Become your own nature connection guide!

June 21, 2024

By Margot Lester, TLC Trail Guide

Moth at Williamson Preserve. Photo by Don Kinney.

There’s a lot of benefit from simply walking, running or biking through one of TLC’s nature preserves. Research has established that being surrounded by nature is good for us – including reducing eye strain and easing stress! If you want even more health benefits, consider nature journaling.

Getting Started with Nature Journaling

All you need to get started is something to write on and with. You can get a fancy journal or watercolor set if you want, but even the back of an envelope and that pencil you picked up at miniature golf will work! You can use words and/or pictures to capture your experience, which deepens your connection to the natural world, calm your mind and lower your heart rate.

We created these nature journaling prompts to get you started. Want to take them on the trail? No problem! Click here for a version you can save to your phone or download and print.

Prompts for Nature Journal Writing

You can write about anything that comes to mind or choose one or more of these prompts:

  • What do I notice (see, smell, hear, feel, sense)?
  • How are my mood, my heartrate, and my emotions?
  • What do I wonder about?
  • What questions do I have?
  • What is this experience teaching me about myself or nature?
  • What a-ha’s am I having?
  • What other times have I been moved by nature?
  • What does this remind me of?
  • What am I grateful for in this moment?
  • How can I express this gratitude?

TIP: This writing is just for you unless you want to share it. You don’t ever have to look at it again if you don’t want to. So don’t worry about spelling, punctuation, usage, or grammar. Just write!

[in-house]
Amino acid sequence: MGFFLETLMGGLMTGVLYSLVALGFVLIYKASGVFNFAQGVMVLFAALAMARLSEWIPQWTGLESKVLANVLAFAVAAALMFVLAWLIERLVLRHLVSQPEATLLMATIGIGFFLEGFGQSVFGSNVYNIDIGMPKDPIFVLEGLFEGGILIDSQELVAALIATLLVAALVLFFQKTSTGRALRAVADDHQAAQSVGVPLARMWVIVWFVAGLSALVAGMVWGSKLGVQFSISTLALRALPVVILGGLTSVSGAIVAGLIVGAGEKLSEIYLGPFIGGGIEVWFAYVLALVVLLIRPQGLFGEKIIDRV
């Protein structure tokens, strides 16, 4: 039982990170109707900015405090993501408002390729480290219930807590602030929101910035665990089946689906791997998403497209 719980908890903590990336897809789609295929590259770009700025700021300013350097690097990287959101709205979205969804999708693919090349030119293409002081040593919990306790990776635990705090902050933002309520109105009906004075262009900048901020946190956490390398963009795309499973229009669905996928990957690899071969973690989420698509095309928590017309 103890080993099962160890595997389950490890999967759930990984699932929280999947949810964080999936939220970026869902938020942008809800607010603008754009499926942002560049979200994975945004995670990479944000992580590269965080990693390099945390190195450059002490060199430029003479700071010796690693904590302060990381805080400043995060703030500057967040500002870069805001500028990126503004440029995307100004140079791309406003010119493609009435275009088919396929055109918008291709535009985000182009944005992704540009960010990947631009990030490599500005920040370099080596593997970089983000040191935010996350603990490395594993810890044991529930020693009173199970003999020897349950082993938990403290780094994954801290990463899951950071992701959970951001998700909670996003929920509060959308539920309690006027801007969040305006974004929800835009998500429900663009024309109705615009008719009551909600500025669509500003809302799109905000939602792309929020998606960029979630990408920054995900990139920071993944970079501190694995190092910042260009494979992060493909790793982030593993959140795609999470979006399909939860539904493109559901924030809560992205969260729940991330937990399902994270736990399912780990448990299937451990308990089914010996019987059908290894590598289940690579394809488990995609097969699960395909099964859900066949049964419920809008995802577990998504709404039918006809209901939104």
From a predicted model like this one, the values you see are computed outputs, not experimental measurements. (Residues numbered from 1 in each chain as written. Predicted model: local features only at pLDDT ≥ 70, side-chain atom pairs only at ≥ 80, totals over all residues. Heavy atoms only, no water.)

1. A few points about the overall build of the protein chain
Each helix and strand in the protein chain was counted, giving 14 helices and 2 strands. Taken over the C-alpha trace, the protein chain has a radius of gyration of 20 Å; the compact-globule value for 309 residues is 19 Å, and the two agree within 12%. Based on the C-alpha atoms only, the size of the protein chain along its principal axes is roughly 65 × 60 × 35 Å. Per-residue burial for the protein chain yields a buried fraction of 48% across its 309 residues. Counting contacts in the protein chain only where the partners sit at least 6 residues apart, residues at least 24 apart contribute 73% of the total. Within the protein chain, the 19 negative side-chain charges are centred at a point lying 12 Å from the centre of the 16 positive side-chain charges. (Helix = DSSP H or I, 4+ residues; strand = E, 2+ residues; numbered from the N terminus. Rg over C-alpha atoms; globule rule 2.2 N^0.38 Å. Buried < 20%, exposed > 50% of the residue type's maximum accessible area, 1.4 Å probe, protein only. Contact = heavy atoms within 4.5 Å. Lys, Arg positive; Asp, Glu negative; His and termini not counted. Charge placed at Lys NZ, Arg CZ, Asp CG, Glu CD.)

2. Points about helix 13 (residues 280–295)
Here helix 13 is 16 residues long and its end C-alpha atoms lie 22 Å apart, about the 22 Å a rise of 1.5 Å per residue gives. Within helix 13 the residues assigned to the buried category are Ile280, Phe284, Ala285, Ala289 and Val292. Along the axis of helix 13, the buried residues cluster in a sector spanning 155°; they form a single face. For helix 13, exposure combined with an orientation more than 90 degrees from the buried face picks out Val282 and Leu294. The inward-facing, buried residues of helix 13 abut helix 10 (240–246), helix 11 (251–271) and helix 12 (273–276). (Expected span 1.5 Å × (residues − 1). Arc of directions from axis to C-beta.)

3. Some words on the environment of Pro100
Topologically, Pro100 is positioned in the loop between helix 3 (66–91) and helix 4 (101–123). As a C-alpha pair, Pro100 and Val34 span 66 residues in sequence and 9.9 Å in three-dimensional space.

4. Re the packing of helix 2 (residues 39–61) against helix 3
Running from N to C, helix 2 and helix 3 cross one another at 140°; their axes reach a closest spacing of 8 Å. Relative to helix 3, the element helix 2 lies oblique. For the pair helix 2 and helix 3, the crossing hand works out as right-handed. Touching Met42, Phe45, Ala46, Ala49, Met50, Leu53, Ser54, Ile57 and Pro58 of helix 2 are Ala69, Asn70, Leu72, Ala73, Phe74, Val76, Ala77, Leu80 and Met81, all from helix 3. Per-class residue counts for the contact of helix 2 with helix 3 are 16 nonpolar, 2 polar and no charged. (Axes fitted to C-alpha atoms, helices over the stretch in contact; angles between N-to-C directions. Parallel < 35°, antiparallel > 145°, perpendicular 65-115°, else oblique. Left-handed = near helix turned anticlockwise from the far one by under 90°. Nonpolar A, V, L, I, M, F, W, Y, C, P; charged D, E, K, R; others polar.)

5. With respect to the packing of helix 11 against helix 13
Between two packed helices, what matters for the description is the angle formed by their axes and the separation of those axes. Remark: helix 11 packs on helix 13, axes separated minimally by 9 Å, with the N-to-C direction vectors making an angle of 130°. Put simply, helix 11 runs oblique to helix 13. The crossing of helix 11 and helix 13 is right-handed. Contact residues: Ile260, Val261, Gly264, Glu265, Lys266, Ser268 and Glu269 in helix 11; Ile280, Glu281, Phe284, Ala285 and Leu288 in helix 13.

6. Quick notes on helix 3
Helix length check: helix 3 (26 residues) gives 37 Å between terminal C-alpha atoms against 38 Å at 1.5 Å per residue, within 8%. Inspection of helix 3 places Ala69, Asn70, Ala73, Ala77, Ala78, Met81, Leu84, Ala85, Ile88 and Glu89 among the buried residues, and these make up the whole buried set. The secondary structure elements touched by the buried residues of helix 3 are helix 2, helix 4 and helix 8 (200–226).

BONUS: Don’t feel like lugging paper with you? Stop along the way to consider one of the prompts silently or with your friends.

Instructions for Sound Mapping

Sound mapping is a fun way to use our ears to discover what’s going on around us. While it’s nice when the only thing we hear is nature sounds, try not to get frustrated if you hear people talking or traffic. Those things are part of the environment too! Here’s how it works:

  • Draw a dot in the middle of your paper.
  • Listen carefully for sounds around you.
  • Note the sounds and where you hear them (like behind you, above you, to your left, etc.) with a dot, a picture, or words.

TIP: If you are sound mapping with others, compare our illustrations. What did everyone hear? What did only one or two other people hear?

Prompts for Nature Journal Illustration

Photo by Don Kinney

Another way to journal is drawing, sketching, or painting whatever catches your eye, like a bird or the forest reflected in the pond. Get more inspiration with these prompts:

  • Recreate recurring patterns, called fractals, you see around you. If any remind you of another pattern (like your veins or lungs), draw those things too!
  • Create a swatch for all the colors you see or all the different shades of a single color, like green.
  • Doodle random shapes inspired by what’s around you (tree bark can be especially fun for this activity).
  • Sketch the critters that you see or hear, including tiny things like water striders or ants.

TIP: Don’t worry if you’re not a good illustrator or painter! Even stick figures and blobs of colors count in nature journaling. The key is to relax and interpret what you see – not necessarily accurately represent it!

Use these ideas to enhance your next outing. And share your work on social media if you want! Just tag TLC and add #naturemoment.

Margot Lester is a Carrboro-based TLC trail guide and certified interpretative naturalist who developed the Williamson Preserve nature moment kiosk as her final project for state environmental educator certification. She’s also a volunteer naturalist at TLC partner Bluestem Conservation Cemetery.

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